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The Mahoning River is a river located in eastern Ohio and western Pennsylvania.[1] Flowing primarily through several Ohio counties, it joins the Shenango River to form the Beaver River and is part of the Ohio River watershed.

Mahoning River
Mahoning river in Warren, Ohio
CountryUnited States
Physical characteristics
 - locationColumbiana County, Ohio
 - coordinates40°49′18″N 80°54′12″W / 40.82167°N 80.90333°W / 40.82167; -80.90333[1]
 - elevation367 m (1,204 ft) above sea level
 - location
Beaver River
 - coordinates
40°57′29″N 80°22′43″W / 40.95806°N 80.37861°W / 40.95806; -80.37861Coordinates: 40°57′29″N 80°22′43″W / 40.95806°N 80.37861°W / 40.95806; -80.37861[1]
 - elevation
232 m (761 ft) above sea level[1]
Length182 km (113 mi)[2]
Basin size2,932 km2 (1,132 sq mi)
 - average54 m3/s (1,900 cu ft/s)[2]


Physical propertiesEdit

Berlin Lake and Dam on the Mahoning River in Mahoning and Portage Counties. View is upriver to the south-southwest.
The Mahoning River below Berlin Lake and Dam in Mahoning and Portage counties. Lake Milton can be seen in the far distance to the north-northeast.

The river is formed near Winona in Columbiana County, Ohio, and extends for a length of approximately 113 miles (182 km), with a watershed area of approximately 1,132 square miles (2,932 km²). It joins the Shenango River near New Castle, Pennsylvania to form the Beaver River. The river traverses five Ohio counties, Columbiana, Stark, Portage, Trumbull, and Mahoning, as well as Lawrence County, Pennsylvania. The watershed area also includes parts of Ashtabula and Geauga counties in Ohio.

The three main tributaries are Mosquito Creek, West Branch, and Eagle Creek, all in Ohio. There are 15 dams on the river course. The river has a course of 97.1 miles (156.3 km) in Ohio, with the remainder in Pennsylvania.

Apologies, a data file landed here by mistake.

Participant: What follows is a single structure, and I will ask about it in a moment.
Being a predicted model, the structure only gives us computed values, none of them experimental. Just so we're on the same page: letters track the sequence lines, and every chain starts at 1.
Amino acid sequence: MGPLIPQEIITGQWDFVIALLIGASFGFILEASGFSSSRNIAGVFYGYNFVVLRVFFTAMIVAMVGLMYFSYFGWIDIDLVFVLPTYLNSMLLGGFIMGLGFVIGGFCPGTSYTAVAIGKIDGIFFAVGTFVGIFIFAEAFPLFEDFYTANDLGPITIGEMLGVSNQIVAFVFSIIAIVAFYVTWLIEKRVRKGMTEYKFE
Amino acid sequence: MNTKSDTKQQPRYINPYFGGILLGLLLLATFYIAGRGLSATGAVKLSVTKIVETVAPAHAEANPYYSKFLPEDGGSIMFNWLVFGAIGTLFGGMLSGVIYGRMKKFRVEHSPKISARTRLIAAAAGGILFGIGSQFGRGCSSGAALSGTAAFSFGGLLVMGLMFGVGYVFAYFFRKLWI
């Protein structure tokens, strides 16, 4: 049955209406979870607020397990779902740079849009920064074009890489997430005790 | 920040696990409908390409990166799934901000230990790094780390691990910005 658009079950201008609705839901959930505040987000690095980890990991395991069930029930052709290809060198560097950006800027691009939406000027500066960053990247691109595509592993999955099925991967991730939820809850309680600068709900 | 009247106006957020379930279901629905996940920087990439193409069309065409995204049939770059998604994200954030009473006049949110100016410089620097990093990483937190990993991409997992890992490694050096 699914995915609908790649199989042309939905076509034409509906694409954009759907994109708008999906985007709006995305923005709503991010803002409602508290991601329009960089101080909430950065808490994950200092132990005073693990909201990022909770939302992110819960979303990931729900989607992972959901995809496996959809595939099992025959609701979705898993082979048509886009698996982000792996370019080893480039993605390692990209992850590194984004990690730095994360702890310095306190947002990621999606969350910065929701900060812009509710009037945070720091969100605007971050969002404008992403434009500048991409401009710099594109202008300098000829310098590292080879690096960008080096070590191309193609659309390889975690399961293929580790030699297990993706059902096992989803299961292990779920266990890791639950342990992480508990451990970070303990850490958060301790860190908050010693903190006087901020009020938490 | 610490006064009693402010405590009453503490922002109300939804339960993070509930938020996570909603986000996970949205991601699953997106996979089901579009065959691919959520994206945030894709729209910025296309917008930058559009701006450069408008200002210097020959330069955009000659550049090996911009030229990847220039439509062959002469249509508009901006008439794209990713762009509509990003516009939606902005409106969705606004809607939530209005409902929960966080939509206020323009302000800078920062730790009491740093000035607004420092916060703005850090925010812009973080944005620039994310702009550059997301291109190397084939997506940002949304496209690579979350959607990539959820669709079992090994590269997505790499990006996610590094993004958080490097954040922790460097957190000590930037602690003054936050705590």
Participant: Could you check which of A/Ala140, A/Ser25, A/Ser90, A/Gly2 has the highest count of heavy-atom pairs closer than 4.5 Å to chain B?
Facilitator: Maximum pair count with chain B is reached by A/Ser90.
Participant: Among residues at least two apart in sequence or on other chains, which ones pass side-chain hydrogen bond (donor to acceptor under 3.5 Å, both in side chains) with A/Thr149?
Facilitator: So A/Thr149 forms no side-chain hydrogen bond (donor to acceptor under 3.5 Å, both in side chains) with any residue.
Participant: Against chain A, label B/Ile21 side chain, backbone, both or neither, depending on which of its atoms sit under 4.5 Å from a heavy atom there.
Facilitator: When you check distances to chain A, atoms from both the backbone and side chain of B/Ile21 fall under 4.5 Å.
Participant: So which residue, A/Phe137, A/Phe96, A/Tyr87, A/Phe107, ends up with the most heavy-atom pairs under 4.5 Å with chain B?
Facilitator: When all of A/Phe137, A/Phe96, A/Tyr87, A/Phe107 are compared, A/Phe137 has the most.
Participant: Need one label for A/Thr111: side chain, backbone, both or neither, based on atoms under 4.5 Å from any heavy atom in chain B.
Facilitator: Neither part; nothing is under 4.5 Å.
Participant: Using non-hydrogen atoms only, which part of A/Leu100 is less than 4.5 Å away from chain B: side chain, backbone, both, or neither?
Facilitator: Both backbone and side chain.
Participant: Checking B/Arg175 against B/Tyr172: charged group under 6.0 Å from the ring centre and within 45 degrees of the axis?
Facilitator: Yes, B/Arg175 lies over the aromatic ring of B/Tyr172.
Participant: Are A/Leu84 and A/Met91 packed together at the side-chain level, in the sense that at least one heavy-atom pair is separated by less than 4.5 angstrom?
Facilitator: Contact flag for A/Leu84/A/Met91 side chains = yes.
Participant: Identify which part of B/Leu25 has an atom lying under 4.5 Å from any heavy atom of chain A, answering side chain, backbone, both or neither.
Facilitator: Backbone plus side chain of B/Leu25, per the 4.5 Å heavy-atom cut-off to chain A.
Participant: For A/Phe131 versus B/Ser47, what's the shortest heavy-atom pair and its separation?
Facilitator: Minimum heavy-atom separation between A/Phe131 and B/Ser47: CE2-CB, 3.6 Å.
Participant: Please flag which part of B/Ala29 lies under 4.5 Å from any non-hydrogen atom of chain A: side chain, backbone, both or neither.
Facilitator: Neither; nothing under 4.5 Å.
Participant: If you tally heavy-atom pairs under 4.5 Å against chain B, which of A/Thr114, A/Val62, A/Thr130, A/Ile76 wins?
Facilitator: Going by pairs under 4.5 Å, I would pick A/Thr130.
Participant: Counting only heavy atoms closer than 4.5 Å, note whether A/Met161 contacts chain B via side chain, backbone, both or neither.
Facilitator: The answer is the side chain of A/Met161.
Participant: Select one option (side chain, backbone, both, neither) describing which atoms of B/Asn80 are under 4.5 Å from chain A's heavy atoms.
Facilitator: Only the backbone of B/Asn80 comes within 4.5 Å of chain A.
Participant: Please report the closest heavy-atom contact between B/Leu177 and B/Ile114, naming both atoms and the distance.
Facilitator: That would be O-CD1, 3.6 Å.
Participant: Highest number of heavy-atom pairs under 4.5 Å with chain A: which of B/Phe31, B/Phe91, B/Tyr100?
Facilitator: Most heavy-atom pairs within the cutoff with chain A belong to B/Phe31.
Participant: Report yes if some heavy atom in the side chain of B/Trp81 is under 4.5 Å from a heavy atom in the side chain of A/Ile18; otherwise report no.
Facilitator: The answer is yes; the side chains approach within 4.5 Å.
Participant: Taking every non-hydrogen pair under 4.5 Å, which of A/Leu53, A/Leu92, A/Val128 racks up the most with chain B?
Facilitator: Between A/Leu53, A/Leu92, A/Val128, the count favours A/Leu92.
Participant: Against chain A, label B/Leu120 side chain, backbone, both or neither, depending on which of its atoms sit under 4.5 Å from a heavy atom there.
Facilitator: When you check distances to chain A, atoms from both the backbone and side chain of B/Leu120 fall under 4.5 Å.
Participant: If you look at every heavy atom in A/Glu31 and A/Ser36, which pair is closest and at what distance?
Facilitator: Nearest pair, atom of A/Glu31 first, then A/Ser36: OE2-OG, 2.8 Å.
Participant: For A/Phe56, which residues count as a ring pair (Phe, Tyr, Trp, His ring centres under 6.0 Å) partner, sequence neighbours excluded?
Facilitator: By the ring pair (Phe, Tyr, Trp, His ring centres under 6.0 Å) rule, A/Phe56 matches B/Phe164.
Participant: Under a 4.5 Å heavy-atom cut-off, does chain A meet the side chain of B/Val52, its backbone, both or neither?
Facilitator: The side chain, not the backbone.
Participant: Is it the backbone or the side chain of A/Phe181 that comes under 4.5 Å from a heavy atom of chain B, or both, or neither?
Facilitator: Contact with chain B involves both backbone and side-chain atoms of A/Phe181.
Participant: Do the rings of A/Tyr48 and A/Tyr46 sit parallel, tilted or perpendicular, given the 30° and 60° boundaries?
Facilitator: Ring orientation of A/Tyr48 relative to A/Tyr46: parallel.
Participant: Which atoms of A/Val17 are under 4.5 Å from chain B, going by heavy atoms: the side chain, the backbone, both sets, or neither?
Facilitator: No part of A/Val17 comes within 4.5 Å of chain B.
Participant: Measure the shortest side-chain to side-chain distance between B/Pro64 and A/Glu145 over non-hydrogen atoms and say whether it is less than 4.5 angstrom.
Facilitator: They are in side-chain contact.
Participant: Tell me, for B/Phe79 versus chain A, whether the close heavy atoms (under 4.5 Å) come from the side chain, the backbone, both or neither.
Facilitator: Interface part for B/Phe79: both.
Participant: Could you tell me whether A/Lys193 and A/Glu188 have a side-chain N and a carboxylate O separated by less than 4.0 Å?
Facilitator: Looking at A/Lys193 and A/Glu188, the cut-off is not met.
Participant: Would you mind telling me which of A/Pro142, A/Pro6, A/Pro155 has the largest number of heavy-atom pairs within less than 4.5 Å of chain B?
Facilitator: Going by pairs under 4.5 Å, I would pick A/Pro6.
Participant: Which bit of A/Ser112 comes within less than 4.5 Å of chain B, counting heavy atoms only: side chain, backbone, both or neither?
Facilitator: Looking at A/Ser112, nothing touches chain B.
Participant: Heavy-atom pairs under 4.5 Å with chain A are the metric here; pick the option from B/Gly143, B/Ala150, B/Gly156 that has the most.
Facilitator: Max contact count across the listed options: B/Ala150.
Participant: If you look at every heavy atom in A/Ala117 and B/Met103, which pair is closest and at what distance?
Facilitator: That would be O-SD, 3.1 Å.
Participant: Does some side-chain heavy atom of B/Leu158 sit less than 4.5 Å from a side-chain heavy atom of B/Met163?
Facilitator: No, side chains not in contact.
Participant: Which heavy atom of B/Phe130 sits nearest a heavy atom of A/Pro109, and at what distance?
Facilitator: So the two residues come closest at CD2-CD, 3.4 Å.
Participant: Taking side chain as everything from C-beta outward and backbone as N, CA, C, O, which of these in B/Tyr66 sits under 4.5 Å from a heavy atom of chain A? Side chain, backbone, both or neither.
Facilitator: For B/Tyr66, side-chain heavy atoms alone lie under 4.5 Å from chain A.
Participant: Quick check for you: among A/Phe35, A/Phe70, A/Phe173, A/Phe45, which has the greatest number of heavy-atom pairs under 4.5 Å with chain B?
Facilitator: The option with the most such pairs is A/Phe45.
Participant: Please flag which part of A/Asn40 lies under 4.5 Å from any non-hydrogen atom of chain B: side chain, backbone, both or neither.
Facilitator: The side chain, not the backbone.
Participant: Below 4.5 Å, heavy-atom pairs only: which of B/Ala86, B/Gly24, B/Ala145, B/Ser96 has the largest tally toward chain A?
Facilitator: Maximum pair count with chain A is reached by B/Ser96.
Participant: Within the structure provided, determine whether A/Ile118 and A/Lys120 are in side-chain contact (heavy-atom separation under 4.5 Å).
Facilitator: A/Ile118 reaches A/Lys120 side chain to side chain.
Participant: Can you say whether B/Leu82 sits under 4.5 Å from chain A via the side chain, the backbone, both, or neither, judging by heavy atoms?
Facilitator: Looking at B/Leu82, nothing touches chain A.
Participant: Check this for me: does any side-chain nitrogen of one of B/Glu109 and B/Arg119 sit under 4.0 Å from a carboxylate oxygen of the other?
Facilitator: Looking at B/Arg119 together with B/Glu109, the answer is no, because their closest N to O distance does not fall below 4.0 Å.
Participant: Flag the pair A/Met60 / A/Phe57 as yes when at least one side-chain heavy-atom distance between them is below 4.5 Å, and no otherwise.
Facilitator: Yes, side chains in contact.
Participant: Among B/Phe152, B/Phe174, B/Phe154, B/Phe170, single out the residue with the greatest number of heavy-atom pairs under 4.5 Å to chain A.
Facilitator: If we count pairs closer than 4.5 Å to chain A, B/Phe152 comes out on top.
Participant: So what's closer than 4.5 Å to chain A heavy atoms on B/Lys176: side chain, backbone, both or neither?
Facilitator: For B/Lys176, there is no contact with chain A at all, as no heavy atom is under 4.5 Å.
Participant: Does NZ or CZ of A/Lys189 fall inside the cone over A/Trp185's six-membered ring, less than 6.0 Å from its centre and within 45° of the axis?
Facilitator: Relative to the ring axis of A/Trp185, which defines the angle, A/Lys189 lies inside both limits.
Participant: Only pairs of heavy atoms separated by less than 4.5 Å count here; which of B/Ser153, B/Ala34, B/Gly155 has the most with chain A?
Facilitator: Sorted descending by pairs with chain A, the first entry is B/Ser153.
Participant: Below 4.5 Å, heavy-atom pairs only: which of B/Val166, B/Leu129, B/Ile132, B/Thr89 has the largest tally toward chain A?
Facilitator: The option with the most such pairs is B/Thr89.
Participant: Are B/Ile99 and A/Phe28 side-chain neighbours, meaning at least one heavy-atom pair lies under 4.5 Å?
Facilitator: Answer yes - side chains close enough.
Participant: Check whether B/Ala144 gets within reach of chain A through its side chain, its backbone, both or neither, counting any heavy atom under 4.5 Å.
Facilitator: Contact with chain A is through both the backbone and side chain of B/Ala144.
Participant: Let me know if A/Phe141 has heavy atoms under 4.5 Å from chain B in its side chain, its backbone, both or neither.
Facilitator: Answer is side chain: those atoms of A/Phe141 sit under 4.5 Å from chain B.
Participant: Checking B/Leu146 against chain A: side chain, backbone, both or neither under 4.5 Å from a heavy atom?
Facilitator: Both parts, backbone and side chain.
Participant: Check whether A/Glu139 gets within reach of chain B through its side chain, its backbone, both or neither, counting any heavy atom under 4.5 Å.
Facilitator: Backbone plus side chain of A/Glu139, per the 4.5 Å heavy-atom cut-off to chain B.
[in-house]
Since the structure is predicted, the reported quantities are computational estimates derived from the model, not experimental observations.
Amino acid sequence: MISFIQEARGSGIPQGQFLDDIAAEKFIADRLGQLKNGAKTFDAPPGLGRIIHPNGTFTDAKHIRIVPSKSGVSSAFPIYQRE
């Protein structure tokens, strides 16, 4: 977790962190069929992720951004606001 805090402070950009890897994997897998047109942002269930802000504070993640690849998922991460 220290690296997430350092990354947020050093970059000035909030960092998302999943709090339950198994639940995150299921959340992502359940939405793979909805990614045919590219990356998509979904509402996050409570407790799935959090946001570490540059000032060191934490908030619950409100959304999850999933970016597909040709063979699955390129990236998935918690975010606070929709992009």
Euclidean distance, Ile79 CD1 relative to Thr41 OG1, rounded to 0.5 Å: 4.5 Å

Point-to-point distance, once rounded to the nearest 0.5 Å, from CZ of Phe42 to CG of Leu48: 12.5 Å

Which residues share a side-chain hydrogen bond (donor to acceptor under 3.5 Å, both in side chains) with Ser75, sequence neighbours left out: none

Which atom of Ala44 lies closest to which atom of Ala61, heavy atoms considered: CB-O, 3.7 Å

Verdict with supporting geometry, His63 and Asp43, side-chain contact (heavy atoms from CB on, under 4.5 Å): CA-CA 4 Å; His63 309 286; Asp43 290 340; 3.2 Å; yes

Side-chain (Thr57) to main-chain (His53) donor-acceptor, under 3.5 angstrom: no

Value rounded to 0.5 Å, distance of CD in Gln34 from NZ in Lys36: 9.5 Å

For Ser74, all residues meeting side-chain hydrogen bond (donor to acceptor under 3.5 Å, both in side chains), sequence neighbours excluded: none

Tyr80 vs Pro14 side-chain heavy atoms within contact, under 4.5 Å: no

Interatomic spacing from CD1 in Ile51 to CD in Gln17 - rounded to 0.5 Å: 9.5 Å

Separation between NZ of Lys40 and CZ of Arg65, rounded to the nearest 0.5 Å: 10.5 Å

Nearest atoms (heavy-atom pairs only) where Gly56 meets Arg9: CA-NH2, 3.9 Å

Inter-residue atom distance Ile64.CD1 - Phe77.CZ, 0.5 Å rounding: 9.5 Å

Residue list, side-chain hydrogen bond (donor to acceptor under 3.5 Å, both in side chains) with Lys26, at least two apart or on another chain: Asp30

The river supports more than 72 species of fish and 15 species of freshwater mussels.

The river is roughly divided into two sections. The “upper elevation” extends roughly from Winona to Leavittsburg and is generally rural in nature. The mainstem (lower elevation) extends roughly from Leavittsburg to the river’s mouth near New Castle, Pennsylvania; it is heavily populated and is heavily industrialized. The mainstem area has a population of over 500,000 and has a long history of steel making, coke production, and other industries.

Environmental concernsEdit

The industrial nature of the mainstem area has caused considerable pollution in the river. Much of the pollution has left the ecosystem via the natural river flow. But analysts estimate that 750,000 cubic yards (573,416 m³) of river bed and shoreline sediment, over a 30 mile (48.2 km) stretch of the mainstem from Leavittsburg to the Pennsylvania border, is so heavily polluted that it will need to be remediated. Approximately 45% of this material is located in the vicinity of the Girard Dam near Girard, Ohio, which has acted as a trap for much of the contaminated sediment.

Petroleum hydrocarbons, benzo(a)pyrene (polycyclic aromatic hydrocarbons), and mercury have all been found in quantities several times the maximum safe levels. Since 1988, the Ohio Department of Health has maintained an advisory against swimming or wading in the river between Leavittsburg and the Pennsylvania border, and also advises against eating fish caught there. The Corps of Engineers estimates that the remediation will take up to 15 years to complete and cost in excess of US$100 million. If approved, the dredging project will probably begin in the late 2010s.

Cities and towns along its course include:


The Mahoning river is susceptible to frequent flooding during high rain events. One such event started when 3 days of torrential rain fell in July 2003,[3] resulting in such high volume that the river changed its course in Leavittsburg, Ohio, flooding and destroying nearly 100 homes.

See alsoEdit


  1. ^ a b c d U.S. Geological Survey Geographic Names Information System: Mahoning River
  2. ^ a b [1] (dead link)
  3. ^ "Mahoning River Watershed Action Plan" (PDF). Youngstown State University.(dead link)

External linksEdit